Catholic bishops in the U.S. have been increasingly outspoken against the LGBTQ movement, and in particular its new aims of targeting children and women’s sports. Martin and his organization Outreach have opposed the Church’s efforts in this area, publishing regular criticisms against the United States Conference of Catholic Bishops and other Catholic leaders who defend Catholic teachings on sexuality and marriage.
“The amount of vitriol directed at transgender people and the cruel things some Catholics say about them astonishes me,” Martin wrote:
Of course, there are still many questions about the origins and medical treatment of this phenomenon, especially among youth. But before the church teaches it needs to listen—to psychiatrists, psychologists, physicians, social scientists, biologists and, especially, transgender people themselves. Overall, this is a group that Outreach wants to accompany, listen to and advocate for, especially since so few others in the church seem to be doing so.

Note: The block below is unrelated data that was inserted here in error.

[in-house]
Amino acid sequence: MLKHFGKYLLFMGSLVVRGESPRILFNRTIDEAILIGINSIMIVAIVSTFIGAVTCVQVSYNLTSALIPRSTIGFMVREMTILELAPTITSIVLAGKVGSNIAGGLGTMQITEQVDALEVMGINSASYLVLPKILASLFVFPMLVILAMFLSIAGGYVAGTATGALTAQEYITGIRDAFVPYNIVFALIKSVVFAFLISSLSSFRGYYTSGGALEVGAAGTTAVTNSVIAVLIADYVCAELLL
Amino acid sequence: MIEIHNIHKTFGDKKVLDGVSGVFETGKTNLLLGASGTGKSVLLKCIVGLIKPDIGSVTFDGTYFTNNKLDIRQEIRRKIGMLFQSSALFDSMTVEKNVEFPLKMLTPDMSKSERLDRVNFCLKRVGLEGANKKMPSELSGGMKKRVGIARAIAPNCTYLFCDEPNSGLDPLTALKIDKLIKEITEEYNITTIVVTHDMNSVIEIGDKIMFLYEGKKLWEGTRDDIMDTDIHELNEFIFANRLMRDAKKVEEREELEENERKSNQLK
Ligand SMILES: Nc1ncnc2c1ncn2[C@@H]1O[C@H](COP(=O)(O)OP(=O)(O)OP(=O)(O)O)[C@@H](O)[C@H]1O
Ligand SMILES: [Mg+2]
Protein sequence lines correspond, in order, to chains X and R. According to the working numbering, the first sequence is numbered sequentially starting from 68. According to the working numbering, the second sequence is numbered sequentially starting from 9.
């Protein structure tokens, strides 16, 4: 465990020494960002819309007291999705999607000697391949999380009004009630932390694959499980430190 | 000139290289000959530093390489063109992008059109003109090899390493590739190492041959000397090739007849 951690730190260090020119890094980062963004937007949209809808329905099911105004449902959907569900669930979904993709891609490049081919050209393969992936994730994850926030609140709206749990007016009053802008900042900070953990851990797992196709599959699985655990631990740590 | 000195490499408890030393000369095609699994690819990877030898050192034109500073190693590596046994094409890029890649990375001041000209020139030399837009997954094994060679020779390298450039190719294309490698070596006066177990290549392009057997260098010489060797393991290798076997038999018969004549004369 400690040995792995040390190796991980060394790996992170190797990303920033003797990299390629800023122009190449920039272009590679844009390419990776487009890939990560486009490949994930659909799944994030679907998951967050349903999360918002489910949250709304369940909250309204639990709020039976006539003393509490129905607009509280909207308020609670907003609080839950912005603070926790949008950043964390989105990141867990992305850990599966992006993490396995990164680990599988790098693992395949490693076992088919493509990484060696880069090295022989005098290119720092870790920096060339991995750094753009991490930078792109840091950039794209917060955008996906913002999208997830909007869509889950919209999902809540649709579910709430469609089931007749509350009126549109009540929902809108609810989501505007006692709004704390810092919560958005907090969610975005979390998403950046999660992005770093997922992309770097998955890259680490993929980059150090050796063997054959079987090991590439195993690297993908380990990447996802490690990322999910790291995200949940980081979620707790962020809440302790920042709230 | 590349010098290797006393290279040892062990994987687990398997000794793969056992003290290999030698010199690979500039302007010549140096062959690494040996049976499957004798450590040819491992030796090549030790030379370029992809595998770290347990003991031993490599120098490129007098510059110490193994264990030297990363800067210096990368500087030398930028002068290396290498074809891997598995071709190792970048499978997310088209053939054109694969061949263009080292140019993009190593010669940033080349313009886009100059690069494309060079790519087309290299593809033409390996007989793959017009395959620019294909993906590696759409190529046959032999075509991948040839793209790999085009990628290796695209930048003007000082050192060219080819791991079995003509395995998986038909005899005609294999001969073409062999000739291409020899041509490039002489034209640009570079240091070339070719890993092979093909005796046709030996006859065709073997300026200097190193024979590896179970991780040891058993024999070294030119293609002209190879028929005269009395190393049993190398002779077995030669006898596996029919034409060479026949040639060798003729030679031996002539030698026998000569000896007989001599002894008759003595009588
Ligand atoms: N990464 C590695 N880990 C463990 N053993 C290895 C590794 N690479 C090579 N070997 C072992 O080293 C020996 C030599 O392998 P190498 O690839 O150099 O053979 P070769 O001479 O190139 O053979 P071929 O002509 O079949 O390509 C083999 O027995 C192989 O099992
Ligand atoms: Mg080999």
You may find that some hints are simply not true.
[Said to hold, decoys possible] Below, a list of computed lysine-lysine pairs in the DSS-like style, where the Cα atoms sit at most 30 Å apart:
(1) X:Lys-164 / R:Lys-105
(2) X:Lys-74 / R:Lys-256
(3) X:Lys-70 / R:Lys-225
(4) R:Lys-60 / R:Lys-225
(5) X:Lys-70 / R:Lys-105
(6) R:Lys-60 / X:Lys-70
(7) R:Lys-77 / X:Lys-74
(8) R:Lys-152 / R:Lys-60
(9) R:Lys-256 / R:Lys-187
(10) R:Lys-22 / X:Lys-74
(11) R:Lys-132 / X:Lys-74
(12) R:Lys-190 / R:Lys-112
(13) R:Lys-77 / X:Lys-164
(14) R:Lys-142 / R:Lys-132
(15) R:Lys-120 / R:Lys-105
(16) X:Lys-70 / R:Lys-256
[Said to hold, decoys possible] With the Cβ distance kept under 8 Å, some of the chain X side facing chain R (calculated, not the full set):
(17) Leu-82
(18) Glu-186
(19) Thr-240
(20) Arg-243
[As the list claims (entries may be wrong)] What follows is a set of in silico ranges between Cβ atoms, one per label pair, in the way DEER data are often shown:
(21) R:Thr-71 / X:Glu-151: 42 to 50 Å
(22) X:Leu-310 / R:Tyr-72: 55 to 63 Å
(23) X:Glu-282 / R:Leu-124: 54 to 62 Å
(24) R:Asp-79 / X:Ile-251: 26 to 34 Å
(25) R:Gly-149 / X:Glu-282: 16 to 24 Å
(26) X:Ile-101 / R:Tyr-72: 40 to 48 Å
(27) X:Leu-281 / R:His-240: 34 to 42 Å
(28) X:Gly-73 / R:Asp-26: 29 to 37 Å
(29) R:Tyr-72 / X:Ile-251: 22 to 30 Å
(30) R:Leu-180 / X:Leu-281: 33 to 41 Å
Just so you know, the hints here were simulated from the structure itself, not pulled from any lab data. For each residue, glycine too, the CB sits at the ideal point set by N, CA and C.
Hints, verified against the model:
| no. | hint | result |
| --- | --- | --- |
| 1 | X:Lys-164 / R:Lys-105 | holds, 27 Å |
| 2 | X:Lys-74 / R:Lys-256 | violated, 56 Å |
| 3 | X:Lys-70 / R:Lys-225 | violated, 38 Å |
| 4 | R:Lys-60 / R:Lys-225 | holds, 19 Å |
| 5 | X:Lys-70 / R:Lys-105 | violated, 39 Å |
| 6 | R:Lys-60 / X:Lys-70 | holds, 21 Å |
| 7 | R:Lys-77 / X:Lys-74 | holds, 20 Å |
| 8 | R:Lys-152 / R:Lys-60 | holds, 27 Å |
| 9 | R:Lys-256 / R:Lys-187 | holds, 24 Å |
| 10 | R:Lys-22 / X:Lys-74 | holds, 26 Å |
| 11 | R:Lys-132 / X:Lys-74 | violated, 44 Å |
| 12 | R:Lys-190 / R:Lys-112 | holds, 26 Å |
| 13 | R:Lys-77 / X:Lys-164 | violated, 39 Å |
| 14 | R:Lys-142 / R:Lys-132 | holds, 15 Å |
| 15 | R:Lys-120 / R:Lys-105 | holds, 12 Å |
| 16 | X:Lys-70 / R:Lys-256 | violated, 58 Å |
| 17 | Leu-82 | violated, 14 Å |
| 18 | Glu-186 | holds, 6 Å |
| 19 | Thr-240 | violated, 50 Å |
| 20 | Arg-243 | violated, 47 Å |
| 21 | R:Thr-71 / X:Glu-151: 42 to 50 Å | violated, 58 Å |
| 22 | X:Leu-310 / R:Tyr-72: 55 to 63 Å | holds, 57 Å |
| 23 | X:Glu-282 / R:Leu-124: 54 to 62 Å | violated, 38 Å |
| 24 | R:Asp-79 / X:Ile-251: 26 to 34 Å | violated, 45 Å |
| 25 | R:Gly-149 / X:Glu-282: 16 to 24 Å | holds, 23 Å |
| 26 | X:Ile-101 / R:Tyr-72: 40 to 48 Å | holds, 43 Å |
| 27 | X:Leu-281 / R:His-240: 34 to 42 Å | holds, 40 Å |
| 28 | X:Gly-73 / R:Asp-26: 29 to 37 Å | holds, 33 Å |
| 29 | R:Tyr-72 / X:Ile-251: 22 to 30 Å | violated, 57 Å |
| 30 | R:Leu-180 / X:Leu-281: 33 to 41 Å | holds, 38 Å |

Martin later lamented new “directives from some U.S. dioceses severely restricting the participation of transgender people in the church.” He was apparently referencing efforts by some bishops to defend their flocks, and in particular school children, from the LGBTQ movement’s opposition to Catholic teaching. “These new documents have made many transgender people feel like they have not been listened to by their own church,” Martin wrote.